Monday, September 16, 2013

UPDATE: Is Russia's Surface Fleet Being Stretched to the Limit?

In a brief update to my previous blog entry:

  • Admiral Panteleyev finally returned to the Mediterranean Sea last week following possible repairs of unknown equipment that broke down some time in July.
  • Russia had to use a Tarantul III-class patrol combatant to escort another "Syrian Express" landing ship to the Mediterranean Sea and back in mid-August.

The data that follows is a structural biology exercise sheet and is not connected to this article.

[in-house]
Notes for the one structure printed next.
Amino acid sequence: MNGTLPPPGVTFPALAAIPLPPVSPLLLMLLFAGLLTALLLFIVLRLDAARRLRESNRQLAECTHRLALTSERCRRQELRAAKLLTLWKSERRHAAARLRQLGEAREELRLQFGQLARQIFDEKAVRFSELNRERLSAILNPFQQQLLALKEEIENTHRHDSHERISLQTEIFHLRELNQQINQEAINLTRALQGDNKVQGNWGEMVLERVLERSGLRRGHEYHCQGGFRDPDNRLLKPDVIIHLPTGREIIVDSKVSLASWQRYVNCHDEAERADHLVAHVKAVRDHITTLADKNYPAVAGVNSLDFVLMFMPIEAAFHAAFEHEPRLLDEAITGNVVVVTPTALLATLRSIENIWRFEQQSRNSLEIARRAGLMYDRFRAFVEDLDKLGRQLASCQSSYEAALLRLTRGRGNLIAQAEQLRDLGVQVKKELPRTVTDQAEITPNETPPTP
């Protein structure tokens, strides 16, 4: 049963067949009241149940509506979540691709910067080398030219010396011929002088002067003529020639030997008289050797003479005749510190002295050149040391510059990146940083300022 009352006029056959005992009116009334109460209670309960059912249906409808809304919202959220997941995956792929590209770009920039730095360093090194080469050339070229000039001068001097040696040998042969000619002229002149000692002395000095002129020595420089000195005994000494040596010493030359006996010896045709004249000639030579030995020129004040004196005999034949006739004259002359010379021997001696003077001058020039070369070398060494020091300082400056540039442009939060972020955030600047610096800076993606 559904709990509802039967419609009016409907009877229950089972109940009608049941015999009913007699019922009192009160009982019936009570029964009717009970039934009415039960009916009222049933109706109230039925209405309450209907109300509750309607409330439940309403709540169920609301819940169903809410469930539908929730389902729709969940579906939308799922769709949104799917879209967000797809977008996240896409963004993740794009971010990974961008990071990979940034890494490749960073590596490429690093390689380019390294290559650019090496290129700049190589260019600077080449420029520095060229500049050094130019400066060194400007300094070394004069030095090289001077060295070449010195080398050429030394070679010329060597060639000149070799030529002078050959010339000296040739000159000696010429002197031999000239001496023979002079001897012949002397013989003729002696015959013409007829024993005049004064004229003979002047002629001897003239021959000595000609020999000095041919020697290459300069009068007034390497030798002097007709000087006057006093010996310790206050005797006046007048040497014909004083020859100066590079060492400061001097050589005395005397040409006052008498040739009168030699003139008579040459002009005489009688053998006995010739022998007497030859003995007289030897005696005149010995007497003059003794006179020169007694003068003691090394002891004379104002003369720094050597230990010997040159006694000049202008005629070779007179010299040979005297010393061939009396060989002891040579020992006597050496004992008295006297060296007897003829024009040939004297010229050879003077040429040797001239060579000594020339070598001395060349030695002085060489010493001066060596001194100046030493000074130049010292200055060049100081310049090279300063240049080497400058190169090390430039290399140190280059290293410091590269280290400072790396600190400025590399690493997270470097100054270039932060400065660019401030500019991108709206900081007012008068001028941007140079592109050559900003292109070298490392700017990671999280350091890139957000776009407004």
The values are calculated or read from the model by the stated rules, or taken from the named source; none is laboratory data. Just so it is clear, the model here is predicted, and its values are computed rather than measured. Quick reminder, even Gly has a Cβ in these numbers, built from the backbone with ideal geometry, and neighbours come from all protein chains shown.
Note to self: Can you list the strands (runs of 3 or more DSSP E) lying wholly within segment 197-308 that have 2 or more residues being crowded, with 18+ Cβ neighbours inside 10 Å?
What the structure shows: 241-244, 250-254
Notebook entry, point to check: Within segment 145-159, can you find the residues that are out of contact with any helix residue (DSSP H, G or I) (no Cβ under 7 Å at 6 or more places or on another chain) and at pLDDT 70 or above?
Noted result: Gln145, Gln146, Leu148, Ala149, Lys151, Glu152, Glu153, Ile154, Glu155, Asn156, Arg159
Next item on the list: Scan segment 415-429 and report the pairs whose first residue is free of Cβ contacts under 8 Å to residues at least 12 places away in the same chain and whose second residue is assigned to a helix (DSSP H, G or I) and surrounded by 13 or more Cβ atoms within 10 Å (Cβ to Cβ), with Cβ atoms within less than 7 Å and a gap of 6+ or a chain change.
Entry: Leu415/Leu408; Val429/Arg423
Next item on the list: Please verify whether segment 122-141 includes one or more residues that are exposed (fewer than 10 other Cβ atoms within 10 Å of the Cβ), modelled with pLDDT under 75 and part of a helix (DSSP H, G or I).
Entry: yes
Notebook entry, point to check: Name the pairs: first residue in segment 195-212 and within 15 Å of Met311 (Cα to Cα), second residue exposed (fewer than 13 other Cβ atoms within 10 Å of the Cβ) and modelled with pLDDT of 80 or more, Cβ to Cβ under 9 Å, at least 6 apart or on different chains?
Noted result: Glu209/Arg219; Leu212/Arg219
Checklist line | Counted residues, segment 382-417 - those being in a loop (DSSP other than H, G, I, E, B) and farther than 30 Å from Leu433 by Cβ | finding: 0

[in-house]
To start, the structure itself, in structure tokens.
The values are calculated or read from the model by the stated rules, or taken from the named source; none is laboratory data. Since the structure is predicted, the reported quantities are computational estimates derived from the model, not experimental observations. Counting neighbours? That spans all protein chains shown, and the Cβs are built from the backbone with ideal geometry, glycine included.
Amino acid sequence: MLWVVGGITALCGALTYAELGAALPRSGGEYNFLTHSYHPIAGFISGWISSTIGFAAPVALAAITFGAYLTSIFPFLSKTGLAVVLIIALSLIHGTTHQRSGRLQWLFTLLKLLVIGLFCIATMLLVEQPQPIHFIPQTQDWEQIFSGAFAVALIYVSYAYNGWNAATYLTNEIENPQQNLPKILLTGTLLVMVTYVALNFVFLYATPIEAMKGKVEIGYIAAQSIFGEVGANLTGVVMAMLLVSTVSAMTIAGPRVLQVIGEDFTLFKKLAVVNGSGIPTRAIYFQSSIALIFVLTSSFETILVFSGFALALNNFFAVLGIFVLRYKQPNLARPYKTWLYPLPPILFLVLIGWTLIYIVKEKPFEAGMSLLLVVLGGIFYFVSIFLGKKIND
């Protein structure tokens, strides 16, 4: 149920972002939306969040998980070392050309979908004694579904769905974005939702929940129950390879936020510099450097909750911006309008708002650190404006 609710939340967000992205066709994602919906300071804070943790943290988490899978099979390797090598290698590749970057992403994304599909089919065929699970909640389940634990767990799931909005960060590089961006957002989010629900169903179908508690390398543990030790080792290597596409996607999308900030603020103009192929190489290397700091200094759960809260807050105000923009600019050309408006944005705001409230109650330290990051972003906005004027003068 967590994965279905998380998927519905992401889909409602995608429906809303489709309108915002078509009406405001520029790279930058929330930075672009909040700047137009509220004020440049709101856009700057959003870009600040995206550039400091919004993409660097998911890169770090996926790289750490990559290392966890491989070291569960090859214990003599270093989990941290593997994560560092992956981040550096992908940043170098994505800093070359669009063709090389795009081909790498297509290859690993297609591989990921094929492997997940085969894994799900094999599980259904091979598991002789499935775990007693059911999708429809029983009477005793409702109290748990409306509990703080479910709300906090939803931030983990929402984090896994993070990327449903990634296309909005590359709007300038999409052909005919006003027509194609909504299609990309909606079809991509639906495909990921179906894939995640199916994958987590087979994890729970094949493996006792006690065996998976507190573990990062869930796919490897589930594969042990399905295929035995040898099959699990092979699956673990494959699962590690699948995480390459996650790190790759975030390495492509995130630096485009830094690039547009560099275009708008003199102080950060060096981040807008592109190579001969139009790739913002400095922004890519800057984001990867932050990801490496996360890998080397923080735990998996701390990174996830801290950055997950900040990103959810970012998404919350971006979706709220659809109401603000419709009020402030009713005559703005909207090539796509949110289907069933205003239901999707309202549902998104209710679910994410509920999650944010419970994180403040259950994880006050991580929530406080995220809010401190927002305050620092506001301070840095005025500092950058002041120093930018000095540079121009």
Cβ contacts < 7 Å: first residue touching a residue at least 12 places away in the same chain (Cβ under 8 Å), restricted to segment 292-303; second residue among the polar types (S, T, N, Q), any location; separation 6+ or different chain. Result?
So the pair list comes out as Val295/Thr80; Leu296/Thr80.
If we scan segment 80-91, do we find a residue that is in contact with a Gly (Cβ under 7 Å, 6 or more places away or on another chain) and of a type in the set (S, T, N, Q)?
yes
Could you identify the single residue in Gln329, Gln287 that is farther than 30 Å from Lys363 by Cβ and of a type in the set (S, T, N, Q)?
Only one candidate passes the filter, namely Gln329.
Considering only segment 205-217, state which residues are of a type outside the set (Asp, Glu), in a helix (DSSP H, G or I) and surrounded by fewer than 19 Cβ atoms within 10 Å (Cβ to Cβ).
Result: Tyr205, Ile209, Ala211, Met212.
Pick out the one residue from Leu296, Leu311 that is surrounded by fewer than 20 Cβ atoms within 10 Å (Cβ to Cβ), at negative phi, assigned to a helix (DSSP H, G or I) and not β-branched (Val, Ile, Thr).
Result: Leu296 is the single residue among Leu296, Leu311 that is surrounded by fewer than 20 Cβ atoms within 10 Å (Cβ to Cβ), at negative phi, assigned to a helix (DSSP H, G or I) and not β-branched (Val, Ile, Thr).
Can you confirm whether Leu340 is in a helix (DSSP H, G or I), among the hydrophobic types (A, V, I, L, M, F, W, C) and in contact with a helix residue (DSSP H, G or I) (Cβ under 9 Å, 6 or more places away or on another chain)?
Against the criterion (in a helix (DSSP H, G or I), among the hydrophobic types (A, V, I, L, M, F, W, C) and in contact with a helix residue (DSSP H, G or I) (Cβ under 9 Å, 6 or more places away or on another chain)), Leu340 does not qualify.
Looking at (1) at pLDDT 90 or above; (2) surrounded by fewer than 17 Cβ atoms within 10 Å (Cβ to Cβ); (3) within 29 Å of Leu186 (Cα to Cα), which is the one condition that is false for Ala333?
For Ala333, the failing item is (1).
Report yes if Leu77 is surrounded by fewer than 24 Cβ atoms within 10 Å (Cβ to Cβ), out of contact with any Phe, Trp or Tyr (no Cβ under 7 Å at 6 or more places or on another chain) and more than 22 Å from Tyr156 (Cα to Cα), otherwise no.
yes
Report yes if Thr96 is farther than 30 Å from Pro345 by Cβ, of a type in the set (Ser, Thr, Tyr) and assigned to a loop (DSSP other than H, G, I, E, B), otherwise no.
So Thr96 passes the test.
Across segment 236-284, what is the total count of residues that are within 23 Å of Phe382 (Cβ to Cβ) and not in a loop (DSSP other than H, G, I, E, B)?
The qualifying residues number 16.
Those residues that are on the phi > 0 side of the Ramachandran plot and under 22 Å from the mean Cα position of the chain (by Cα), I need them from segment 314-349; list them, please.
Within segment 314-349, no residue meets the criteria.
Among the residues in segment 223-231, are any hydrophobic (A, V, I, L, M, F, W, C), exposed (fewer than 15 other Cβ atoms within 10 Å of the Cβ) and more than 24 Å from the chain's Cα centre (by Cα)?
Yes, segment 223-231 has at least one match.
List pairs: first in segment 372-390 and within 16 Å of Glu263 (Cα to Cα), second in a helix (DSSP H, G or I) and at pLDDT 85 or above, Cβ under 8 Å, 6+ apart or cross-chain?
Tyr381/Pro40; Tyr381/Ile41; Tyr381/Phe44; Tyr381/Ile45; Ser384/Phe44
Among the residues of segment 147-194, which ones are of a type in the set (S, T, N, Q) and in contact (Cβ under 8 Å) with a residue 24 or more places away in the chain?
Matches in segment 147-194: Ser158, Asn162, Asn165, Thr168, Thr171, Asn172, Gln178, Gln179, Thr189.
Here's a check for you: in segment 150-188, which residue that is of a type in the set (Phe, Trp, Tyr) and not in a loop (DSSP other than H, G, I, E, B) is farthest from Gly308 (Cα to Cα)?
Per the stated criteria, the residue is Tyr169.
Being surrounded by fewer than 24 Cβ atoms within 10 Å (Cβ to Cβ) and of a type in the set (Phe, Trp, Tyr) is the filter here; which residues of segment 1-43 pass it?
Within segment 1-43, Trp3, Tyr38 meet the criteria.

• Rumors abound that Udaloy I-class destroyer Vitse-Admiral Kulakov suffered some type of propulsion problem in early-August shortly after its Havana, Cuba, port call. The ship failed to meet its previously scheduled port calls despite Moscow's insistence that the destroyer has been tagging along with Slava-class cruiser Moskva the entire time. Instead of bringing the ship home early, naval officials apparently decided it was better to keep the destroyer out of sight and tow it back to the Barents Sea on/about its scheduled return date. Given that no immediate tow service was required, it's possible the destroyer is as least partially operational, which means it has enough power to limp into port while TV cameras are rolling. As soon as the sailors hit the shore, we'll learn more... According to some internet chatter, Sorum-class oceangoing tug MB-304 may be towing the destroyer northeast in the Atlantic Ocean, and both units may rendezvous with Baklazhan-class salvage and rescue tug Nikolay Chiker, which has been hanging around the United Kingdom for several weeks -- most recently southeast of Cork, Ireland.